Eating locally and seasonally sounds great until about… this point in the year. If you’re eating 100% from local farms in GA, then you haven’t had a farm fresh tomato in months, you may have almost forgotten how to shuck an ear of corn, you’re wondering where GA winter fruit is, and you’re becoming oh-so-well acquainted with root veggies, carrots, and kale. Eating seasonally is much harder than it sounds. While few of us manage to eat 100% locally and seasonally, there are so many reasons why focusing on buying and eating local and seasonal produce is beneficial.

First of all, it’s beneficial for our bodies! The longer a produce item has gone since harvesting, the less nutrient dense it is. Eating seasonal veggies ensures that you’re getting the freshest veggies with the least distance and time traveled, meaning a more nutrient dense food item. In that same vein, eating seasonally means reducing the amount of carbon emissions required to get that vegetable to you so it’s a win for our planet too.

GA Organic famer
Photo: Alexis Haggerty

And while that all sounds well and good, at this time of year, as I’m starting my own spring and summer garden, I do start to long for spring berries and summer tomatoes, peppers and corn. While spring berries are hopefully just weeks away, it still takes some creativity to remain squarely present and enjoy the harvest of this winter season.

I’ve compiled a few of my go-to strategies when I have lots of winter veggies on hand and need new ideas on how to use them.

Quick and Easy Veggie Roasts

The most simple prep method of all: dice up your veggies, throw on some butter or olive oil and seasoning and roast! Honestly butter, salt and pepper is great. But, when I’m looking to switch things up, I either make up my own spice combo or use one of these seasoned salts.

Prepping veggies at home with fresh herbs

Any-Kind-of-Vegetable Winter Soups

There’s a basic formula to most soups that when followed can be mixed up for any veggies you have and done with any flavor profile. Here are a few spice combination ideas to get your wheels turning:

broccoli soup
Photo: Meghan Markham

Veggie & Fruit Smoothies

Since smoothies are so cold it feels counter-intuitive, but winter is my favorite season for good smoothies. I think it’s because – unpopular opinion – I don’t naturally love leafy greens or salads, so throwing a bunch of veggies and fruits in a blender is one of my favorite ways to get lots of fruits and veggies in. In the times where my fruit and veggie drawers have filled up without my realizing, I usually prep ahead several smoothies by cutting and portioning out the ingredients and sticking them in the freezer. Then when I’m ready, I add liquid and blend!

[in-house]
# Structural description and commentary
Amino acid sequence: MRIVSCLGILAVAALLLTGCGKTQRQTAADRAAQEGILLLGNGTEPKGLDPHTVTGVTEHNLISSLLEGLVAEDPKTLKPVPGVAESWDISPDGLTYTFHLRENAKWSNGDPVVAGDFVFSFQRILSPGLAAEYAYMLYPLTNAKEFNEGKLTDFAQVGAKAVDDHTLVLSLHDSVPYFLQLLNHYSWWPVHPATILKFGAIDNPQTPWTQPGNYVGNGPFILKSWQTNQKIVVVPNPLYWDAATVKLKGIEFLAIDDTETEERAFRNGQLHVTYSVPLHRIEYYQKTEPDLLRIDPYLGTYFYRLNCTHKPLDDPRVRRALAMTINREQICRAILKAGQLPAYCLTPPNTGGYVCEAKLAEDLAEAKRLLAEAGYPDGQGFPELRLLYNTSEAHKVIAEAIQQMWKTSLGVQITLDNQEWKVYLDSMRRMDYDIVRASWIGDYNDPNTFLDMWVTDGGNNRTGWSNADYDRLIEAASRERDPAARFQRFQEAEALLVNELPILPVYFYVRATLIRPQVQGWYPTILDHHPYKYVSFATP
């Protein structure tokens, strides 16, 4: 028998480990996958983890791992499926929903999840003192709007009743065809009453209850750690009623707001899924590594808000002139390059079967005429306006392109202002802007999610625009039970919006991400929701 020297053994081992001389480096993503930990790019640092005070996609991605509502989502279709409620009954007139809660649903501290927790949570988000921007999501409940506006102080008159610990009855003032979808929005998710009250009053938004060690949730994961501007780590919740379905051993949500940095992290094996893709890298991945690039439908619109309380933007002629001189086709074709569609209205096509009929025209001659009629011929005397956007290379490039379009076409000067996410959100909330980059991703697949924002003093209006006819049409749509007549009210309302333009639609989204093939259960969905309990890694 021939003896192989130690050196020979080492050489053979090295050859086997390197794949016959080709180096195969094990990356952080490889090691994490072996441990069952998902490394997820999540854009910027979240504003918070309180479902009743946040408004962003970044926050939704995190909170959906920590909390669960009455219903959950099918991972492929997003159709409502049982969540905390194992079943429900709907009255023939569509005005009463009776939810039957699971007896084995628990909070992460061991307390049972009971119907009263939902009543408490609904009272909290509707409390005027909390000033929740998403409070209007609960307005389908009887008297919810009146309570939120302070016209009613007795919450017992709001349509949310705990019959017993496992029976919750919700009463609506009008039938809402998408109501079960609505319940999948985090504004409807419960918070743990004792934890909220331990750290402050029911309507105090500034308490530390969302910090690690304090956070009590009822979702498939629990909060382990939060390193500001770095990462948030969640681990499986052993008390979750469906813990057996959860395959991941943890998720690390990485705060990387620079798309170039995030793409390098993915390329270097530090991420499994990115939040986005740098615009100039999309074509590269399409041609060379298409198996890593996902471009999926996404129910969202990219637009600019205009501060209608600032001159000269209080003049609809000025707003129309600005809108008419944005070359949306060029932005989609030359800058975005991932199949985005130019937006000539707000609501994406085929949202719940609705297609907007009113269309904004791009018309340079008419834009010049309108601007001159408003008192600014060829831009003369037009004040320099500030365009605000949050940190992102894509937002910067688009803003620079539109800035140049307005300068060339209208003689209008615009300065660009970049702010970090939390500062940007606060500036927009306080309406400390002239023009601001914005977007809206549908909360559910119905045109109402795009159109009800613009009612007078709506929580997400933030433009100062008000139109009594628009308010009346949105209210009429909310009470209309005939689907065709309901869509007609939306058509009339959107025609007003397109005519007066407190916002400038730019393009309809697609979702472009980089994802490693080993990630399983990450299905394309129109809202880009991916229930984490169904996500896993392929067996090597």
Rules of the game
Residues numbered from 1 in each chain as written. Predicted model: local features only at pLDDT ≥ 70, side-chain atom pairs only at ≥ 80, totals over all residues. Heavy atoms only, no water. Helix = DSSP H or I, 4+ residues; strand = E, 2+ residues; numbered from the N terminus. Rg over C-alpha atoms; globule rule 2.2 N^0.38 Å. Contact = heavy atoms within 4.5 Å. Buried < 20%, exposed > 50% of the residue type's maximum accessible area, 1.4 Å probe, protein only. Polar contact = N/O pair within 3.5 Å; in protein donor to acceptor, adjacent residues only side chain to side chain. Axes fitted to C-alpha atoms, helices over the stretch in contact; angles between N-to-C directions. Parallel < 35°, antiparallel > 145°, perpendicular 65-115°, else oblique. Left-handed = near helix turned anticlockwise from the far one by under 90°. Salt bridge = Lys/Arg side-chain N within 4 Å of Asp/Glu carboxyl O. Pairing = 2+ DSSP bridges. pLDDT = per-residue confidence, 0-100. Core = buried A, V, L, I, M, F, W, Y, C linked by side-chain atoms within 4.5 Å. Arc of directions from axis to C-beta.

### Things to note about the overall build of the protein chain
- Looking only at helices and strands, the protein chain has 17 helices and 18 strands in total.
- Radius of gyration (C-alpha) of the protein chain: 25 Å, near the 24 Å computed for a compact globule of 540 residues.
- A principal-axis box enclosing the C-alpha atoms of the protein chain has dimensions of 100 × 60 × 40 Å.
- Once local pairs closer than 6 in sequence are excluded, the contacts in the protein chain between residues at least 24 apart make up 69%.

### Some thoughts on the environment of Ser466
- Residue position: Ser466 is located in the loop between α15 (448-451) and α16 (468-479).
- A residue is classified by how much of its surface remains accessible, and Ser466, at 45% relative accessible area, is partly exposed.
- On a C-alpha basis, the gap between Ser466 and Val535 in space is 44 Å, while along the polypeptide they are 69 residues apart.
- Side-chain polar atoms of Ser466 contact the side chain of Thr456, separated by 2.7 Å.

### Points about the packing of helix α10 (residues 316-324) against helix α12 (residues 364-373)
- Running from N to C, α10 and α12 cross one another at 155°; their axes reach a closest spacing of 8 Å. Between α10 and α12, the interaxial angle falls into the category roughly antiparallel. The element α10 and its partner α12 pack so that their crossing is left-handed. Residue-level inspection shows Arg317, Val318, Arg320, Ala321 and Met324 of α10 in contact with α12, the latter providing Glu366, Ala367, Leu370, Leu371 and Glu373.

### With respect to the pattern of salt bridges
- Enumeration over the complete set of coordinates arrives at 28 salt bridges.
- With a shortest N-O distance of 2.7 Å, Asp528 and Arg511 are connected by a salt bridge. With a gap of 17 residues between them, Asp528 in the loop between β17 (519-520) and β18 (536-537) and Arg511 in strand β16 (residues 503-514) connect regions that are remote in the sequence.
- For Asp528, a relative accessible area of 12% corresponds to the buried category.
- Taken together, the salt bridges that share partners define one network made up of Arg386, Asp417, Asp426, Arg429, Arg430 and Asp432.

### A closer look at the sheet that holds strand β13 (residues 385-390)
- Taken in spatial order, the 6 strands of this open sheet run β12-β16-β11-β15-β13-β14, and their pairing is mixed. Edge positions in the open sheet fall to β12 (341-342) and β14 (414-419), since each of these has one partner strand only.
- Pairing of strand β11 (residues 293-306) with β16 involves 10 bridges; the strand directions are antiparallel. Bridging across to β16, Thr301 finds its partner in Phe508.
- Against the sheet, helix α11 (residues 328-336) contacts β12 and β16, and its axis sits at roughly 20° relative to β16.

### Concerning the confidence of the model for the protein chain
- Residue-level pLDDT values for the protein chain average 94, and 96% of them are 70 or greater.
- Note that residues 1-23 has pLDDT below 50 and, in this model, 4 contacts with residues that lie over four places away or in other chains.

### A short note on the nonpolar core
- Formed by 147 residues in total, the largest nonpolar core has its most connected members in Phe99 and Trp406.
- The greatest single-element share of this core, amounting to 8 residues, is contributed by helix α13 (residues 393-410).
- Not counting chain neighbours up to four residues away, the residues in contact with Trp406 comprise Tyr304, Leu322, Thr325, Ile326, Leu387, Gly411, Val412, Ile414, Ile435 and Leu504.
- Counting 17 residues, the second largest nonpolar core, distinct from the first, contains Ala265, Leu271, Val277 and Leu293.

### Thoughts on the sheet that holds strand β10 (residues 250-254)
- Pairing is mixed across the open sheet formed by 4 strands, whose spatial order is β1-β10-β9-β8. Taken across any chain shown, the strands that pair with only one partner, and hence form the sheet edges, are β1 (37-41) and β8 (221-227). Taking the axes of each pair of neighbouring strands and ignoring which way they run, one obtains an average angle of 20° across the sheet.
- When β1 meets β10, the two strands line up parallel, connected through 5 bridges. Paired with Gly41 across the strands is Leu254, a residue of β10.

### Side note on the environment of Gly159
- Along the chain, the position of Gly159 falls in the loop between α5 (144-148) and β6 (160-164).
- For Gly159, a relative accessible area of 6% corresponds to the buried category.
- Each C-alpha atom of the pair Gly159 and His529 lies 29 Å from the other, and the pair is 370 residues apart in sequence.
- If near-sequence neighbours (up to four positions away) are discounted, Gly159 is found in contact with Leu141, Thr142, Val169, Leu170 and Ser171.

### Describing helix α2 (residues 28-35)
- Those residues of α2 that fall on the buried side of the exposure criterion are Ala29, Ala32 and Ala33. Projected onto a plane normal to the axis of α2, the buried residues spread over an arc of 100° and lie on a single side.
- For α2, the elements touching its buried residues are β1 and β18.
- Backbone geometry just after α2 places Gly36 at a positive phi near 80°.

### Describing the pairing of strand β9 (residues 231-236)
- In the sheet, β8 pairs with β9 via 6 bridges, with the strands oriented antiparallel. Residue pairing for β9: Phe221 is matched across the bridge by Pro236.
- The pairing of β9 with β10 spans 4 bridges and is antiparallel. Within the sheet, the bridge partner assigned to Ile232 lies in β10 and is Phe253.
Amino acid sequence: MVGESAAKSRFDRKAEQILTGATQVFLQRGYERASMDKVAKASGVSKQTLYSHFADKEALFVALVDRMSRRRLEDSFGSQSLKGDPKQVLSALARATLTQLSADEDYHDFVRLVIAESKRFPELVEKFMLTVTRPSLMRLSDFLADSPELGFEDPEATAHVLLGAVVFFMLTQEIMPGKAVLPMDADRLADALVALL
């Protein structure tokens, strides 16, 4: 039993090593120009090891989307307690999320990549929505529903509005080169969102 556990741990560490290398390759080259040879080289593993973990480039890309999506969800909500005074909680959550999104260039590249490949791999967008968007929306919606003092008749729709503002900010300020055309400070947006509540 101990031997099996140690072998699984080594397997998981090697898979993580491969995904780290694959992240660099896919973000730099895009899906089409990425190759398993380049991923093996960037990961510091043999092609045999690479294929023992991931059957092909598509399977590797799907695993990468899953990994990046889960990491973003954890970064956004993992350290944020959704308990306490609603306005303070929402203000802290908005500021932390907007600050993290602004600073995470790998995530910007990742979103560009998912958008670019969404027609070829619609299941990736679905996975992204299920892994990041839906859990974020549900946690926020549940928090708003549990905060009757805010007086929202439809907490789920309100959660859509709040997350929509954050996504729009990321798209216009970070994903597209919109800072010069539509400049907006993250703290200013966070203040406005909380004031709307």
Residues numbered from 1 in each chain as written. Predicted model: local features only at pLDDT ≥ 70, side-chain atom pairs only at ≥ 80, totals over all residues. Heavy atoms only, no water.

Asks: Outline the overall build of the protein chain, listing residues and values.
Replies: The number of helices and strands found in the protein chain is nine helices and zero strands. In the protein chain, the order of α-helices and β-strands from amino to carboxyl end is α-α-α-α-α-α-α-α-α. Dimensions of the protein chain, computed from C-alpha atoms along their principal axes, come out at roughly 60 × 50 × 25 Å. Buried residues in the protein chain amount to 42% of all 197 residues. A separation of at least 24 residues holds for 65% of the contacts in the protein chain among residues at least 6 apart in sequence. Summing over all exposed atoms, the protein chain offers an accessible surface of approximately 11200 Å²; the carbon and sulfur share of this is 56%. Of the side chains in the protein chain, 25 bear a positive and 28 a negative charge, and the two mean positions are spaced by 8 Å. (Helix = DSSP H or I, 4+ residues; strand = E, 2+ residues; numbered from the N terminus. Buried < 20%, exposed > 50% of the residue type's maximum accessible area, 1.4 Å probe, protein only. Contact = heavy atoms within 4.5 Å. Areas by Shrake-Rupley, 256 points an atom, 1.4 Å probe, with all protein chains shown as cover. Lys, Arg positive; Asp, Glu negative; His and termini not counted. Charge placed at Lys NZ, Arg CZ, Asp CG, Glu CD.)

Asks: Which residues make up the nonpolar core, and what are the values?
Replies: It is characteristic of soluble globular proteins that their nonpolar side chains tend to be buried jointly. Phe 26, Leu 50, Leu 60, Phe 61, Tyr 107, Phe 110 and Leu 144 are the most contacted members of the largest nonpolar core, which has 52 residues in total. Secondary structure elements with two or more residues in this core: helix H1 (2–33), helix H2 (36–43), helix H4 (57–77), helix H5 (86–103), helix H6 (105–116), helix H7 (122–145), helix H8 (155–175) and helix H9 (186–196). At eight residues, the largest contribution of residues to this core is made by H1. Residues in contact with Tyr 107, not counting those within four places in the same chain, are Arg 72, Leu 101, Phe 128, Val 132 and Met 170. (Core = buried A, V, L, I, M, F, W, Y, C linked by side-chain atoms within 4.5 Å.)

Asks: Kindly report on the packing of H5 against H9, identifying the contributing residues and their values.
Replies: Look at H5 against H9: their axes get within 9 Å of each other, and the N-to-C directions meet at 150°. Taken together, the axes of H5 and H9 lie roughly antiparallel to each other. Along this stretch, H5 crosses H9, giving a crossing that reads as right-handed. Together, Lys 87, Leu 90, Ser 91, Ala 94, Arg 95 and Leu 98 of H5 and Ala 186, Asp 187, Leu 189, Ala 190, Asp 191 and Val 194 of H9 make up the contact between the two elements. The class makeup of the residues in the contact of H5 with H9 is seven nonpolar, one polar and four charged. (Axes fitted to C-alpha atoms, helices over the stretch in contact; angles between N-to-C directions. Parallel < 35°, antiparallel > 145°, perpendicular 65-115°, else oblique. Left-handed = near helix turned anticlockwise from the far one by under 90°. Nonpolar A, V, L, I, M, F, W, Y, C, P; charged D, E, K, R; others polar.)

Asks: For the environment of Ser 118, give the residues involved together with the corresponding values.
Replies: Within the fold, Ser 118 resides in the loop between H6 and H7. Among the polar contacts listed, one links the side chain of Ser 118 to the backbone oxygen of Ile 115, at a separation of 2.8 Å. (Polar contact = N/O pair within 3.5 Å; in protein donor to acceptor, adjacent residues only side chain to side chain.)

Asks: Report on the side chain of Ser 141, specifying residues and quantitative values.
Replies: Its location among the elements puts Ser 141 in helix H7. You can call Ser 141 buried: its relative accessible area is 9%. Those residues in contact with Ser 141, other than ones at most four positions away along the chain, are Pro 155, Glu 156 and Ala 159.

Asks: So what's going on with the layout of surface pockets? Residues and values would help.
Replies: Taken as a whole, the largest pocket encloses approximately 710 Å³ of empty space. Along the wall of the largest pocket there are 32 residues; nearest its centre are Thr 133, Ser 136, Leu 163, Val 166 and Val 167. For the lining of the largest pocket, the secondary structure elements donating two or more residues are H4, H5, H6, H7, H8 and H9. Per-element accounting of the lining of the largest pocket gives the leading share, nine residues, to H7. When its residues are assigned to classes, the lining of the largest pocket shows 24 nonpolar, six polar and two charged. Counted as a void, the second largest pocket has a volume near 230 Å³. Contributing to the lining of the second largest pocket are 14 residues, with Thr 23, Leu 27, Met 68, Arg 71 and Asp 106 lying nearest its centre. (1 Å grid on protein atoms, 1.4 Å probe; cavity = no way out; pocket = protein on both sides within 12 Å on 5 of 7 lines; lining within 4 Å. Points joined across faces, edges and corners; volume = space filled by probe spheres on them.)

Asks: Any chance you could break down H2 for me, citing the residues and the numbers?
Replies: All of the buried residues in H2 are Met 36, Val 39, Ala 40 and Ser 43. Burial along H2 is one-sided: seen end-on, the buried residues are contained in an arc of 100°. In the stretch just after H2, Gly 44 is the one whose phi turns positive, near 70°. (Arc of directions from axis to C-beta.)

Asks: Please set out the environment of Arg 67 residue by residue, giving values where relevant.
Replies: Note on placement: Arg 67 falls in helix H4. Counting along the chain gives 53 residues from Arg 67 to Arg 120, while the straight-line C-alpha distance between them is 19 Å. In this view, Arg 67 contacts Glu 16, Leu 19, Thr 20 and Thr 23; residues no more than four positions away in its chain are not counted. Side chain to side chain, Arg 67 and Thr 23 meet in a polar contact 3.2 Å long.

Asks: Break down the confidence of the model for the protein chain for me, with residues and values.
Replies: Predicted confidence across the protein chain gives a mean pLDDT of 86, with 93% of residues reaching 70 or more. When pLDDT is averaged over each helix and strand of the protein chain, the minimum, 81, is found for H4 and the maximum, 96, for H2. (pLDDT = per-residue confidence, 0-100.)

Organic vegetable smoothie
Photo: Joe Spiccia

Here’s my strategy:

  • First of all, having a powerful blender has been a total game changer (and we don’t get paid to say that!)
  • A good base: frozen bananas are top choice! I have them recurring in my basket and just freeze the ones I don’t eat in time. Also good: Organic plain yogurt, avocado or kefir.
  • Liquid of choice: milk, nut milk, or even water if it’s veggie heavy.
  • Sweetener as needed: honey, agave, or dates.
  • Don’t be afraid of vegetables: With a good base, you can sneak in plenty of greens and root vegetables to pack in the nutrition.
  • Mix-Ins: Get creative! A few ideas: nut butters, protein powder, flax seeds, chia seeds, bee pollen, wheatgrass, hemp powder and ginger (fresh or frozen).

Whatever veggies and fruits are in your fridge, there’s a smoothie recipe out there – just google it! Here’s a few of my favorite go-to combos:

Veggie Skillets

This is a go-to move for us. We have onions and sweet potatoes as recurring items in our basket because they are the best starting point (IMO) for a good veggie skillet. We usually add some type of ground meat, and then whatever other root veggies or greens we have on hand.


vegetable skillet
Photo: Simona Sergi

Honestly I don’t use a recipe for this because my goal is always to maximize using up veggies in my fridge. My approach is usually something like this:

  • Sauté alliums (onions, garlic, etc.)
  • Cook ground meat if using (Italian Sausage is also an item I automatically order from Fresh Harvest as bi-weekly recurring for this reason.) Mushrooms are a great non-meat earthy addition.
  • Add in potatoes (any kind, and potentially more than one) and any other root veggies (carrots, turnips, radishes) and sauté until soft.
  • Add in any greens on hand and cook until just barely wilted
  • Add a sauce on top for serving:

There are a million ways to use up veggies in the fridge, and there are so many resources at our fingertips when we get stuck. As someone who has been receiving a weekly Fresh Harvest basket for over 4 years, I definitely know the feeling of my produce stacking up without realizing it. In those moments, it’s been super helpful to have a few strategies on how to use those ingredients before they go bad. We’d love to hear your strategies! Let us know your go to strategies on Instagram.

Organic produce delivered

If you enjoyed this blog, check out this piece on how to keep an eco-friendly kitchen.